Slouching towards [...] - a cautionary note

American critics are triumphalist. Architectural Record editor-in-chief Cathleen McGuigan invokes the word “Zeitgeist” as in the first incidence of Modernism - “Architecture in the public interest is now part of the Zeitgeist” - and states that “the choice of Aravena sends a powerful message about the role of architecture in addressing some of the world’s most urgent problems.”9 Blair Kamin writes that “the field of architecture, at least in the way it thinks, is shifting direction. It’s moving away from the flashy icon buildings that took up so much oxygen before the recession. It’s leaning towards a more human-centered type of design, one that seeks to use design as a tool to address pressing needs like housing shortages and climate change.”10 In his efforts to address social issues, however, Aravena does not present himself as a saint or Messiah. Commenting on his low-cost housing model, he says “We’re [Elemental] not particularly good people, we’re not generous, we’re not going for a romantic hippy approach. The project started from a very pragmatic, cold-blooded reading of the facts.”11 Hard-headed -- even cold-blooded -- pragmatism. Is this Yeats’ “rough beast,” slouching towards [...] to be born?

[ the mechanics of creep ] The following visual research and exploratory text are attempts to consolidate the mechanics of creep as a mode of operation in the built environment today. The modality of creep is quiet, near imperceptible, and often unexpectedly successful.

[ incremental ] Creep is aggregate. Aravena’s approach to social housing is “incremental.” He provides the “difficult,” more technically complex portion of a house at a low-cost and leaving the rest of the home’s enclosure to be completed by residents themselves. Commenting on the ongoing refugee situation between Syria and Europe, Aravena again takes the long term view, opposing temporary disaster-relief tents and supporting longer-term housing solutions.12 An organic analogy is that of brain coral, whose miniscule polyps gradually build up massive, hard exoskeletons in the sea.

Brain coral


Slouching towards [...] - a cautionary note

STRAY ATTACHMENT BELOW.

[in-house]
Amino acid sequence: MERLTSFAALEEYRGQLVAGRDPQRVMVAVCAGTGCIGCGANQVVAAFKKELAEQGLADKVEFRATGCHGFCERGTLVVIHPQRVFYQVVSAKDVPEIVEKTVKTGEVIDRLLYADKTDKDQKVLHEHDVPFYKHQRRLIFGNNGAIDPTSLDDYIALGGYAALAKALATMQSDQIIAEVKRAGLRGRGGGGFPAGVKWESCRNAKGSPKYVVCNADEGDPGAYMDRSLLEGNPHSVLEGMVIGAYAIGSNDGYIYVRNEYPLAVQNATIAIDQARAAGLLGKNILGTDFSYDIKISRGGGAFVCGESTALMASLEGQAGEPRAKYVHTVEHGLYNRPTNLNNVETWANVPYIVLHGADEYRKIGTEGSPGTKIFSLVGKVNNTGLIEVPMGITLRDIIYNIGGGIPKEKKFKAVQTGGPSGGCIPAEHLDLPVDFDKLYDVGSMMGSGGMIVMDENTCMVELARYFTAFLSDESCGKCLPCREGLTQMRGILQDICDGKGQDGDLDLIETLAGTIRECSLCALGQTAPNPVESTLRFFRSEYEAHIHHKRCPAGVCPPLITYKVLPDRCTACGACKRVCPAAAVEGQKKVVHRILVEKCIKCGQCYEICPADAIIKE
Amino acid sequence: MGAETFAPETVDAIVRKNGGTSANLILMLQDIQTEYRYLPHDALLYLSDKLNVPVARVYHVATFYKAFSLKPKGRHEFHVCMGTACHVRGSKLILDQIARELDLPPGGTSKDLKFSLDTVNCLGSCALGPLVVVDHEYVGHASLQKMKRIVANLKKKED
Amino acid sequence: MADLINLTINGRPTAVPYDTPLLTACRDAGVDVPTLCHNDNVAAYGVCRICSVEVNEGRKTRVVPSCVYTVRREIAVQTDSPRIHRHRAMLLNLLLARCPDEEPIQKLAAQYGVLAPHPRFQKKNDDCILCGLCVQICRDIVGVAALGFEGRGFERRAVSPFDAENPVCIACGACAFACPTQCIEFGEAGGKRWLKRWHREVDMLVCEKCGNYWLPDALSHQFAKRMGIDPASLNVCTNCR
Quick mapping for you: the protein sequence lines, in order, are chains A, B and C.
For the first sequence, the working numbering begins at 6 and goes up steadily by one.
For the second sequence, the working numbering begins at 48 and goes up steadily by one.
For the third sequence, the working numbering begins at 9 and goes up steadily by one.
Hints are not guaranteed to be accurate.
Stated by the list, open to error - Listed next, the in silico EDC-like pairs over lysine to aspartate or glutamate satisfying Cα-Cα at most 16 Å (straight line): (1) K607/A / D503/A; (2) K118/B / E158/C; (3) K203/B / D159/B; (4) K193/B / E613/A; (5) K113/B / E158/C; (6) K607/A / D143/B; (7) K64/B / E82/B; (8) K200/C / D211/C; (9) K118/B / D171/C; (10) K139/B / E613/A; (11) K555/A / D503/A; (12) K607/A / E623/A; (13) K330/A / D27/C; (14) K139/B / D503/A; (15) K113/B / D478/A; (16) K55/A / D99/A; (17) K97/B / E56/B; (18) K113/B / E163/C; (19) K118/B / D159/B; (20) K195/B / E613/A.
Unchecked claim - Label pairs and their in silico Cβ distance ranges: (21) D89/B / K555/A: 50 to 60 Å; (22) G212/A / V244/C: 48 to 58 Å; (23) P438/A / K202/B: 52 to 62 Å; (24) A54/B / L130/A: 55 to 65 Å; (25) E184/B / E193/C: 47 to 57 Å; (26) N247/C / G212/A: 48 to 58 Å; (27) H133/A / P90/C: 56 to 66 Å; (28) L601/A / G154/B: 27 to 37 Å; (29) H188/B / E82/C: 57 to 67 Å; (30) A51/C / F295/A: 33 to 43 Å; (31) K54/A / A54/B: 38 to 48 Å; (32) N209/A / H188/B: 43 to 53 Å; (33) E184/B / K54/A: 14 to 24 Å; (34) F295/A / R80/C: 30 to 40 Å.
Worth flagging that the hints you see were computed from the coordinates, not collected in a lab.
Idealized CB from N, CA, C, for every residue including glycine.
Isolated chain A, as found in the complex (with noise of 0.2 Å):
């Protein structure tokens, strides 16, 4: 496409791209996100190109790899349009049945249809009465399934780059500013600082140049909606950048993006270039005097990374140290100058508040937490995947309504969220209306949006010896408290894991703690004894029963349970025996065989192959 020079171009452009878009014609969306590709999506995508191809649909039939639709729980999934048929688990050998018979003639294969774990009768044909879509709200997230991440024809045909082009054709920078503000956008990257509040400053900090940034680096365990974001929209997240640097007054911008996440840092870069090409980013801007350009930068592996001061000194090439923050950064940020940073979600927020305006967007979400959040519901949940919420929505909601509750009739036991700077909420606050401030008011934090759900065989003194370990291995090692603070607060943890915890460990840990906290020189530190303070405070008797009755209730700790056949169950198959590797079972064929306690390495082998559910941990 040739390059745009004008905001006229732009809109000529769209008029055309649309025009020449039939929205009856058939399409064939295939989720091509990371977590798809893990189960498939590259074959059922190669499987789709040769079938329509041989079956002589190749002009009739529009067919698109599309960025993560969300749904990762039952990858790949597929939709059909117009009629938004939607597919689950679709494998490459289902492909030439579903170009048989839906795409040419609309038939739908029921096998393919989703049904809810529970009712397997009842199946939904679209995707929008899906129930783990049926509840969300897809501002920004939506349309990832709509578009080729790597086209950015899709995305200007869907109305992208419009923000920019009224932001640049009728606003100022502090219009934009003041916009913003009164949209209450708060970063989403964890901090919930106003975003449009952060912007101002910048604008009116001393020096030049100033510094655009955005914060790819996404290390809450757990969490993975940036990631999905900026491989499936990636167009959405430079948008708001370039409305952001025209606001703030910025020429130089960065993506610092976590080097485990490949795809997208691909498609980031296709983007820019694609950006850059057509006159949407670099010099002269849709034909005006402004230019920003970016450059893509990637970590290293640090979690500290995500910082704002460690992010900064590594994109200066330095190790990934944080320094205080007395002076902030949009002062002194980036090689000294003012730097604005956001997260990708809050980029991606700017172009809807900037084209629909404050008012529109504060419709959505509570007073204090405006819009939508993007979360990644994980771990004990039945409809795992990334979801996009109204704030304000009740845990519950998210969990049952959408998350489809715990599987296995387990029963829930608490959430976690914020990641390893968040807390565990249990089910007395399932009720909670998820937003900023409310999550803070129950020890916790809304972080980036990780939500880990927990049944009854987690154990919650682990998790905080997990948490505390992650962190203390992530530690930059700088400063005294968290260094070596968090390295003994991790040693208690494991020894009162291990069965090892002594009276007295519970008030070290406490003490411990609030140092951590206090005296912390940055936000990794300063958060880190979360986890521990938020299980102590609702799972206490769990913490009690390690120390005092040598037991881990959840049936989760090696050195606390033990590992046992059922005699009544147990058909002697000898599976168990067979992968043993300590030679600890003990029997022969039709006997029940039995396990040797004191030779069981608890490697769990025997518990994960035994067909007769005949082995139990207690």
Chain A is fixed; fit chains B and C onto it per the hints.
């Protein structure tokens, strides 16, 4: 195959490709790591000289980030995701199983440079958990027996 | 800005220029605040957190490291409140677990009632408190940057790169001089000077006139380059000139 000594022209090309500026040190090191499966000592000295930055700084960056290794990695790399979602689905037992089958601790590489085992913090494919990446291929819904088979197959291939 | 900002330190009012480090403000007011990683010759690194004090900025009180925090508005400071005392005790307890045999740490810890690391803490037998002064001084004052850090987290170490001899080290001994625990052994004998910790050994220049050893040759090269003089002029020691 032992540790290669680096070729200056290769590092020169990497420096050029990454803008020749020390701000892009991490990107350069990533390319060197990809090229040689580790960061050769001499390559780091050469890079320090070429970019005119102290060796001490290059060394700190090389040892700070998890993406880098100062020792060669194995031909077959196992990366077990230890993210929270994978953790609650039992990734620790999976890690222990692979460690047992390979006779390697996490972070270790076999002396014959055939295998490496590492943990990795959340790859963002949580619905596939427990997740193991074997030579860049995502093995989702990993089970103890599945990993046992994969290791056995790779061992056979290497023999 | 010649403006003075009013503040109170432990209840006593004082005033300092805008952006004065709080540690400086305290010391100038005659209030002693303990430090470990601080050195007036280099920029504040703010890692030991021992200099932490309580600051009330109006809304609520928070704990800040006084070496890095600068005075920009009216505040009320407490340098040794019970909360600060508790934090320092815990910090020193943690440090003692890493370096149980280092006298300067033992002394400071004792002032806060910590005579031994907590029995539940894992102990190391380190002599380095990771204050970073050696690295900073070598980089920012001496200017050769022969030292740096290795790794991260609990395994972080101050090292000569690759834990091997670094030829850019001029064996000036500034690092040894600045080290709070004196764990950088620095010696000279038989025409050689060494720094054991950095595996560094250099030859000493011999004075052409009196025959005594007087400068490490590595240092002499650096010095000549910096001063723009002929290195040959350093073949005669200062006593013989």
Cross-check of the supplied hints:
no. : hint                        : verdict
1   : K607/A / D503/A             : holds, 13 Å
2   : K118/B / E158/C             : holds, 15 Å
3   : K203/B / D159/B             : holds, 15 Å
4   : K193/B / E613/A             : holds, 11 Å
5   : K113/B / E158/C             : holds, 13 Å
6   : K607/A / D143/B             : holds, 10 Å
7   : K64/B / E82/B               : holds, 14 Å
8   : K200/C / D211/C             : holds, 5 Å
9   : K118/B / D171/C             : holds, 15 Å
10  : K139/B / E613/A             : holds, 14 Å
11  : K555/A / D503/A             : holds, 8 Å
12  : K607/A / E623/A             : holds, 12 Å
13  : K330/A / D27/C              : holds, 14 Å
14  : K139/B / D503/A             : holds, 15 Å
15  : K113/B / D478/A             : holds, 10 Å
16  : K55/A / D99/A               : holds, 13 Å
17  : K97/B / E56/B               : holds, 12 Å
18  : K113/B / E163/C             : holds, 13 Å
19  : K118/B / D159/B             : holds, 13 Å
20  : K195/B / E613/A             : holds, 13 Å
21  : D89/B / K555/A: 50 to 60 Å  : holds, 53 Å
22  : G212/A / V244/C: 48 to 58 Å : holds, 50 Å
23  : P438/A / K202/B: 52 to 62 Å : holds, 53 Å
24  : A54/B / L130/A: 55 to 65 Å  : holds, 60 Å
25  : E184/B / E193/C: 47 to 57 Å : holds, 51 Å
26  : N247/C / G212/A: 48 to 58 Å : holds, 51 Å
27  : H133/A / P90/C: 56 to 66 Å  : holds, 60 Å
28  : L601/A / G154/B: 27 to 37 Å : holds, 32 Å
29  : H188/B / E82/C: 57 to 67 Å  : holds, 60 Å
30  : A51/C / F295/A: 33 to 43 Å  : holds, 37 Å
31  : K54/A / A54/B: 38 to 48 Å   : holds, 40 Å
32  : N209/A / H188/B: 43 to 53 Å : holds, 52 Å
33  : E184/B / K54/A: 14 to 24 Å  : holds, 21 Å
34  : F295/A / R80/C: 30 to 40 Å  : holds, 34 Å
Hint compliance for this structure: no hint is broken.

[ slow ] Creep builds change slowly. Creep takes the long-term view. Processes of erosion, sedimentary rock formation, or glacial movements carving are natural corollaries. Slow food and slow fashion have taken root. Is there a slow architecture?

Grinnell Glacier at Glacier National Park

[ lateral ] Creep progresses horizontally, mimicking rhizomic growth patterns. Here a non-architectural example is instructive. The growth of Amazon.com has been both slow and lateral, focused on building a distribution network that, although it does not always turn a profit, makes the company an impossible adversarial empire.13


[ decay ] Creep is counterintuitive. As building has become complicit with capitalist abuses, architects are beginning to explore unconventional oppositional strategies, such as Storefront for Art & Architecture’s recent Taking Buildings Down competition. Conceived as an expansion of architectural protocol beyond construction into the realm of decay and destruction, the competition called for proposals to productively subtract from the built environment.14


Slouching towards [...] - a cautionary note

[ networked ] Creep seeks the creation of connections, often the linkages of small nodes. Small-scale, networked public-interest projects such as Latent Design’s Micro Retail Boombox provide startups temporary storefront space on vacant, city-owned lots in Chicago. Community and growth oriented, the architectural project was not only building-based (the storefront consists of a converted 20’ cargo container) but also process-oriented, successfully streamlining the process for temporary permit acquisition for the use of vacant city-owned lots.